That Girl 16
Cover by Roland Martin
$5 US PPD / $8 Intl PPD
That Girl 16 is a black and white half-fold memoir zine (zine-oir?) about boys, breakups, and growing up as a slightly drunk, punk teenager in and around Hollywood.
That Girl gets into the writing straight away and opens with a gorgeous first sentence that immediately made me smile:
I believed I found my soulmate in kindergarten…
How lovely is that? I easily settled into the first section – a short tale of young crushes and teachers who spoil everything. Kelli’s amusing descriptions of their kindergarten acquaintances quickly made it clear that they have a fun writing voice when they decide to be cheeky. Later descriptions of people, albums, and places are (in my thoughts) the real strength of the writing.
Kelli goes on to write about significant relationships with both people and music. The main relationship that takes her through a significant part of high school is with Tom – someone she met largely due to a love/hate relationship with Pisces men. From hanging out with their group of friends to the challenges of dating a homeless person while trying to manage life as a highschooler.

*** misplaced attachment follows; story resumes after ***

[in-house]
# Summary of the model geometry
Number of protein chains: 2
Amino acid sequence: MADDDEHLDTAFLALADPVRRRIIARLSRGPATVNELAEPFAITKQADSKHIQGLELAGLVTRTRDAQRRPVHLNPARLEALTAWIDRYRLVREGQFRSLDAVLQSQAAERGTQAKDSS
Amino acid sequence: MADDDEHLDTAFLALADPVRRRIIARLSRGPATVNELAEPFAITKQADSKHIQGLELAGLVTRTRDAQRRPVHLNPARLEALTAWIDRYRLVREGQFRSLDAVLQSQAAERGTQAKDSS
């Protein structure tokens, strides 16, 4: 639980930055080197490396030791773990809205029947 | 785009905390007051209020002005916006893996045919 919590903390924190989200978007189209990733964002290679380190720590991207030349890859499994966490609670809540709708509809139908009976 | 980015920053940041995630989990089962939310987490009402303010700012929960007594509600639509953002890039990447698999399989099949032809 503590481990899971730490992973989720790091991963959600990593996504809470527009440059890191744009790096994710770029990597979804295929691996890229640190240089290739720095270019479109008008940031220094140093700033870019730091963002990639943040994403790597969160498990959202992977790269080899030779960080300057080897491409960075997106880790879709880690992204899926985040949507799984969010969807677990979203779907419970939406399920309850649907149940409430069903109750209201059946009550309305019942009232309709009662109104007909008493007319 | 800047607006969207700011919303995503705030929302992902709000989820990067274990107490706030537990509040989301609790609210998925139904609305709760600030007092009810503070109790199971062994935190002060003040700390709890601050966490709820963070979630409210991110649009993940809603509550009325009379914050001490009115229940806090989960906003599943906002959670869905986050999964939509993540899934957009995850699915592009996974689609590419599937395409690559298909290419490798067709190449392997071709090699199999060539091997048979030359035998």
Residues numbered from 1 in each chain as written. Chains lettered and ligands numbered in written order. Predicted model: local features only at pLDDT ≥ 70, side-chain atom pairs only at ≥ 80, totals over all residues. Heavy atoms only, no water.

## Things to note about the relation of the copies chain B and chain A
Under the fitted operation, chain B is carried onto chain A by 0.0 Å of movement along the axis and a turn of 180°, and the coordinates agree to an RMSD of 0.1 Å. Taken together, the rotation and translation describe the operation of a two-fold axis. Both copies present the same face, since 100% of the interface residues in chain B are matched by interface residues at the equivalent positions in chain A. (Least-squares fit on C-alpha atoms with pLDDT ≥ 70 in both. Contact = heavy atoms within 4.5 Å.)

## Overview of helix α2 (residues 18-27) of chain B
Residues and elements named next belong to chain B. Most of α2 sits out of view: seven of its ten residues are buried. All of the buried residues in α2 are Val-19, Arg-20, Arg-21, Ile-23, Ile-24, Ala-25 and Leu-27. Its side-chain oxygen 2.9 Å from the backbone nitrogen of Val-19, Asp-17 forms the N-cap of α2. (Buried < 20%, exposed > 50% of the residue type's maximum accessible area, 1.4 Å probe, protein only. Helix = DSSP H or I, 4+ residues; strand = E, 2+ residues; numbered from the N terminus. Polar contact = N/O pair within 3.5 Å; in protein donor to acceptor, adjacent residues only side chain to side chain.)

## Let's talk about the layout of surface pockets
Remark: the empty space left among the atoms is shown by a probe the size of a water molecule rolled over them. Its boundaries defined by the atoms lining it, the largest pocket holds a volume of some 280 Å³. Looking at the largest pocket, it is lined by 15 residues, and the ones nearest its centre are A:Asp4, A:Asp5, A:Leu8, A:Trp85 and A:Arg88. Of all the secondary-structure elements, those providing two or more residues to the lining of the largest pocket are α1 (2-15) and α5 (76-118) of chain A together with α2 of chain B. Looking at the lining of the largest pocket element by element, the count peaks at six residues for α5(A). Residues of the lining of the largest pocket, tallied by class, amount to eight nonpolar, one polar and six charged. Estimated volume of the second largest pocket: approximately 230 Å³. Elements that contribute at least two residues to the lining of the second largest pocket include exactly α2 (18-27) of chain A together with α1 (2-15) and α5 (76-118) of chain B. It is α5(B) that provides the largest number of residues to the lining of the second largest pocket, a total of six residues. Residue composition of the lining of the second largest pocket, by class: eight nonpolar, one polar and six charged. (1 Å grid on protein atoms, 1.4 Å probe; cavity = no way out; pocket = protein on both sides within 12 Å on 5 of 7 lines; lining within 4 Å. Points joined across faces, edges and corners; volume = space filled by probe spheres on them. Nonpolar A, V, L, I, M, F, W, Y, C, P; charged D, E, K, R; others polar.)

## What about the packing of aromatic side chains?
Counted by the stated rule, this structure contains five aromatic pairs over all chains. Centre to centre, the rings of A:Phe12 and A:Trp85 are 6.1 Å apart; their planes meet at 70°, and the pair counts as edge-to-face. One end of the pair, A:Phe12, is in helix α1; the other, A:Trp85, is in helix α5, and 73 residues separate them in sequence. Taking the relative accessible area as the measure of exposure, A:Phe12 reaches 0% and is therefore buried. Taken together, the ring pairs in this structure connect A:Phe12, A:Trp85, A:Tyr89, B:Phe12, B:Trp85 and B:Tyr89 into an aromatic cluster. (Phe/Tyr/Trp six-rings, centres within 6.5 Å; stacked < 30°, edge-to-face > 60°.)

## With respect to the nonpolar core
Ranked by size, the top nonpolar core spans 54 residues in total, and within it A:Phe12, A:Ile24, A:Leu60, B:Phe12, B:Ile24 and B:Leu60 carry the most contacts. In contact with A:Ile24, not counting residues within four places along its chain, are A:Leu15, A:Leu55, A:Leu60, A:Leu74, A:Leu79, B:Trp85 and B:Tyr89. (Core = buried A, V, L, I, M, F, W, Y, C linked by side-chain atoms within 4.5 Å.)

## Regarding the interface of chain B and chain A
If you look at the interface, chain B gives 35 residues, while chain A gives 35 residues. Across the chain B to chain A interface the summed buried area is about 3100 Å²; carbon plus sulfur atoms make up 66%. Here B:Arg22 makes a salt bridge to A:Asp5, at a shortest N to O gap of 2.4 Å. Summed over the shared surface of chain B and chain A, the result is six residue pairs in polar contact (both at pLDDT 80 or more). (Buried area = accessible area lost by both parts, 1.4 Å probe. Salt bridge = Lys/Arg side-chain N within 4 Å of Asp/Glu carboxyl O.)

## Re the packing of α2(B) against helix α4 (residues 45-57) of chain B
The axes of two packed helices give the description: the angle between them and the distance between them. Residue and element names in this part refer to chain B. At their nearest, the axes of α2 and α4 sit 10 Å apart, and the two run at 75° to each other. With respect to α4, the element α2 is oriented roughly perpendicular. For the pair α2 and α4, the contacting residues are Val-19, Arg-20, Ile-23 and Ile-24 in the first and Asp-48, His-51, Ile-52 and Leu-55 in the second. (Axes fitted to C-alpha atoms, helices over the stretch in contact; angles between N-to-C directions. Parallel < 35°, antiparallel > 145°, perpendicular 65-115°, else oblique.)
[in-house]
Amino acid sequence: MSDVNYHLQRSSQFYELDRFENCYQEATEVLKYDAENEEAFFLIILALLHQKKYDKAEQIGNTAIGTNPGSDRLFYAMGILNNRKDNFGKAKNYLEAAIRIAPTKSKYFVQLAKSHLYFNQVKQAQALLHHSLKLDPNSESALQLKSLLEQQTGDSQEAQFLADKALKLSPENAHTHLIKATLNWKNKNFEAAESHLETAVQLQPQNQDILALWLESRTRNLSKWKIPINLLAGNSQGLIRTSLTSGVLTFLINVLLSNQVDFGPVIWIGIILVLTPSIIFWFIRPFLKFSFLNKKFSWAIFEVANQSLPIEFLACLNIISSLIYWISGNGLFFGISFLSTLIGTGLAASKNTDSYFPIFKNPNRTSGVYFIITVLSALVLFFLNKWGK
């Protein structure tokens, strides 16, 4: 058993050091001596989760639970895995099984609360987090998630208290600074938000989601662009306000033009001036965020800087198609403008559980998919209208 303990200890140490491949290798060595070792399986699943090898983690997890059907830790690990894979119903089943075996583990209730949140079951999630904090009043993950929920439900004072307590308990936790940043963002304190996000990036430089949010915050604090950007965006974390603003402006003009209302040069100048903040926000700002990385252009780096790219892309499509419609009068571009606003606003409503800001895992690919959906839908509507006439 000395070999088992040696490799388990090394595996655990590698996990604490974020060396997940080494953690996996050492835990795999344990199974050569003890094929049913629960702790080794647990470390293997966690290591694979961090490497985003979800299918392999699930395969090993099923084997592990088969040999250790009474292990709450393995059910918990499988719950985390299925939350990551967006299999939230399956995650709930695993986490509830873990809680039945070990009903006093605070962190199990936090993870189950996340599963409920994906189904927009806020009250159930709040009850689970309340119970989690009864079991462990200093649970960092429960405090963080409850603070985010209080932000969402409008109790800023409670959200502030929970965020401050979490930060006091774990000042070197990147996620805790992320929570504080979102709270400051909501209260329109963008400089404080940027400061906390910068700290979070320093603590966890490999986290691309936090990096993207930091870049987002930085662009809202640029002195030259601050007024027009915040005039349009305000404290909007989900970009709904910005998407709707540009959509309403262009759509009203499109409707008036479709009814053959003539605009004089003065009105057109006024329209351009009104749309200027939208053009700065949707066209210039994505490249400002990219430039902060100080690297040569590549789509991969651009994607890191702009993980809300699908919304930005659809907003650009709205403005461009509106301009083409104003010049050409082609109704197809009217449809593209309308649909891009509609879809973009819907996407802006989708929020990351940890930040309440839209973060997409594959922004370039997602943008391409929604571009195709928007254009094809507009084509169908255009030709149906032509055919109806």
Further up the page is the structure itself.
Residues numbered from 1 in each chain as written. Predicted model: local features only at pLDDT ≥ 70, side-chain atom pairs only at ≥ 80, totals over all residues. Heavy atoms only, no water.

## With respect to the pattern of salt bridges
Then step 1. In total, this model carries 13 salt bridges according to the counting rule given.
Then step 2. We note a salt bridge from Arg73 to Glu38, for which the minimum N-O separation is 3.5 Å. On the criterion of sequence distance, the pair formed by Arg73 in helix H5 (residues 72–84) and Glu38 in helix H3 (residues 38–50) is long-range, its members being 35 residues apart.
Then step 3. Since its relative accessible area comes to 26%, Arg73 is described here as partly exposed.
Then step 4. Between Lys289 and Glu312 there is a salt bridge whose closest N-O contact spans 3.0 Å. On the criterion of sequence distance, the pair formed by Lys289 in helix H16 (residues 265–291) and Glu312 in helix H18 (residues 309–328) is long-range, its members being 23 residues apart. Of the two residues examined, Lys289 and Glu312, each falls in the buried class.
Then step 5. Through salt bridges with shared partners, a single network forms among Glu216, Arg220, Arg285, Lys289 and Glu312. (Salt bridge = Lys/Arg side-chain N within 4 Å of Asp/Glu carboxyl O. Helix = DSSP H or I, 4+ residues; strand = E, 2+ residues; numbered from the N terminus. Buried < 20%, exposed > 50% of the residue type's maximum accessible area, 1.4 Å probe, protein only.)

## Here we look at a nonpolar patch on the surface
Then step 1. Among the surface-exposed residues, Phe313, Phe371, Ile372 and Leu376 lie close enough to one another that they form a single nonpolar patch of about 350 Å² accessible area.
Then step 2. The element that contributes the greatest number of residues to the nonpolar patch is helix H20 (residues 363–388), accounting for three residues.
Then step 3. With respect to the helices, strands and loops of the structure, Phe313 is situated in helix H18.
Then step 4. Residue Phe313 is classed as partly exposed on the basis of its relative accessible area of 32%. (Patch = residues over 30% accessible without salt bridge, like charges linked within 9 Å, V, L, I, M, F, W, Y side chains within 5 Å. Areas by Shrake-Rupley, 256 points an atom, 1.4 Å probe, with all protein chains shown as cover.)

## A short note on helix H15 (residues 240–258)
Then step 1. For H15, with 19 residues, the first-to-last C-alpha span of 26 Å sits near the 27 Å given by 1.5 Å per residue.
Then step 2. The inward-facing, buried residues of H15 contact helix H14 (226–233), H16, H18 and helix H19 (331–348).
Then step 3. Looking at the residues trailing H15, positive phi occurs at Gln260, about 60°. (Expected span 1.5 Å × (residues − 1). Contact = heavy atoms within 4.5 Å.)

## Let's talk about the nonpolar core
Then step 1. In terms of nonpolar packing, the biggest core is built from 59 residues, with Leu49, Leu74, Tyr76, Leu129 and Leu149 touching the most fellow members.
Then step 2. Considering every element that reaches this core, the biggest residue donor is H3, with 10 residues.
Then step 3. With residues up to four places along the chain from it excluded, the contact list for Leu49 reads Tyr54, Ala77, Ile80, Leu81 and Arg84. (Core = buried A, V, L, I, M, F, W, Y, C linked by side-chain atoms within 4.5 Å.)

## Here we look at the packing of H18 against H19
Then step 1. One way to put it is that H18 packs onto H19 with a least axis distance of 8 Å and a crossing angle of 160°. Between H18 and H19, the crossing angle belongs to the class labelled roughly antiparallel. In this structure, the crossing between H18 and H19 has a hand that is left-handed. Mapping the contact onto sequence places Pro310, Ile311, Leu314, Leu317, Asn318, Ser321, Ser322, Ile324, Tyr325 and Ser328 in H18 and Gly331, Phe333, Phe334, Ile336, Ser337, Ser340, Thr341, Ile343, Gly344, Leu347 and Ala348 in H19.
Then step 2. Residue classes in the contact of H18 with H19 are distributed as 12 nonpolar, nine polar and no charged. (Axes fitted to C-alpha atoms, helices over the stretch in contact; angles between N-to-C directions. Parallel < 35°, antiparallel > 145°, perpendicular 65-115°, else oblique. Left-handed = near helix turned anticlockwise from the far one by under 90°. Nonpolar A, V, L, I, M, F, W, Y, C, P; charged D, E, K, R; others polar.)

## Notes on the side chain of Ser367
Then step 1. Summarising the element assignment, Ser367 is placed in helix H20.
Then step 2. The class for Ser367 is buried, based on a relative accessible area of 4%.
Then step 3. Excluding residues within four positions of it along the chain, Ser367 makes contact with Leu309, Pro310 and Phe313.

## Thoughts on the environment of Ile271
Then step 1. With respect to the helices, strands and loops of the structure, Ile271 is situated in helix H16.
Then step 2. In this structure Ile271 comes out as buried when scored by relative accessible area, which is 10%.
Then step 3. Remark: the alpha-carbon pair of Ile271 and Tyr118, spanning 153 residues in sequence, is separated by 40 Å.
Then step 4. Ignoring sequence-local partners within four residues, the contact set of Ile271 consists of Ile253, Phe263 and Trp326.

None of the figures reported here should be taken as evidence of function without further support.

Aesthetically, That Girl is primarily text with various stamps and small pictures to go along with the worry. Each section starts off with the first sentence in a different font, which I thought was a nice touch. A different take on the drop cap and a nice way to visually separate the different sections.
Kelli mentions various names of celebrities, band names, and places I’m not familiar with, but it didn’t take away from the reading much. I did feel a bit lost at times simply because Hollywood is so far away, and I’m not likely to go there. But a memoir is more about the feelings than the places, and she did really well setting up feelings in the first section.
It was also a little jarring when the relationship with Tom ends in one section, but he’s referred to in later sections. This happens a couple more times as well. That said, I haven’t read a memoir in a while and am very used to linear timelines.
The last section switches to third person (‘she’ instead of ‘I’). It reads well, but I must admit that I don’t understand the choice.
Kelli’s high school experiences are nearly as far away from mine as they could be, so I didn’t find a lot in this zine to identify with in experiences, but I could certainly identify with the feelings of connecting to people and music. Besides, part of what makes people fascinating is their differences, and that’s a large part of why I like reading memoirs.
That Girl started very sweetly and ended up being an interesting look into a world I know next to nothing about. A few people have commented that I don’t review a lot of punk zines on SGZ, and I’m glad to have had the opportunity to do so with this zine. Memoirs can be a little tricky in the recommending, but I think there’s a lot to appeal to a lot of different people – from punks to those who have fallen hard in love when they were young.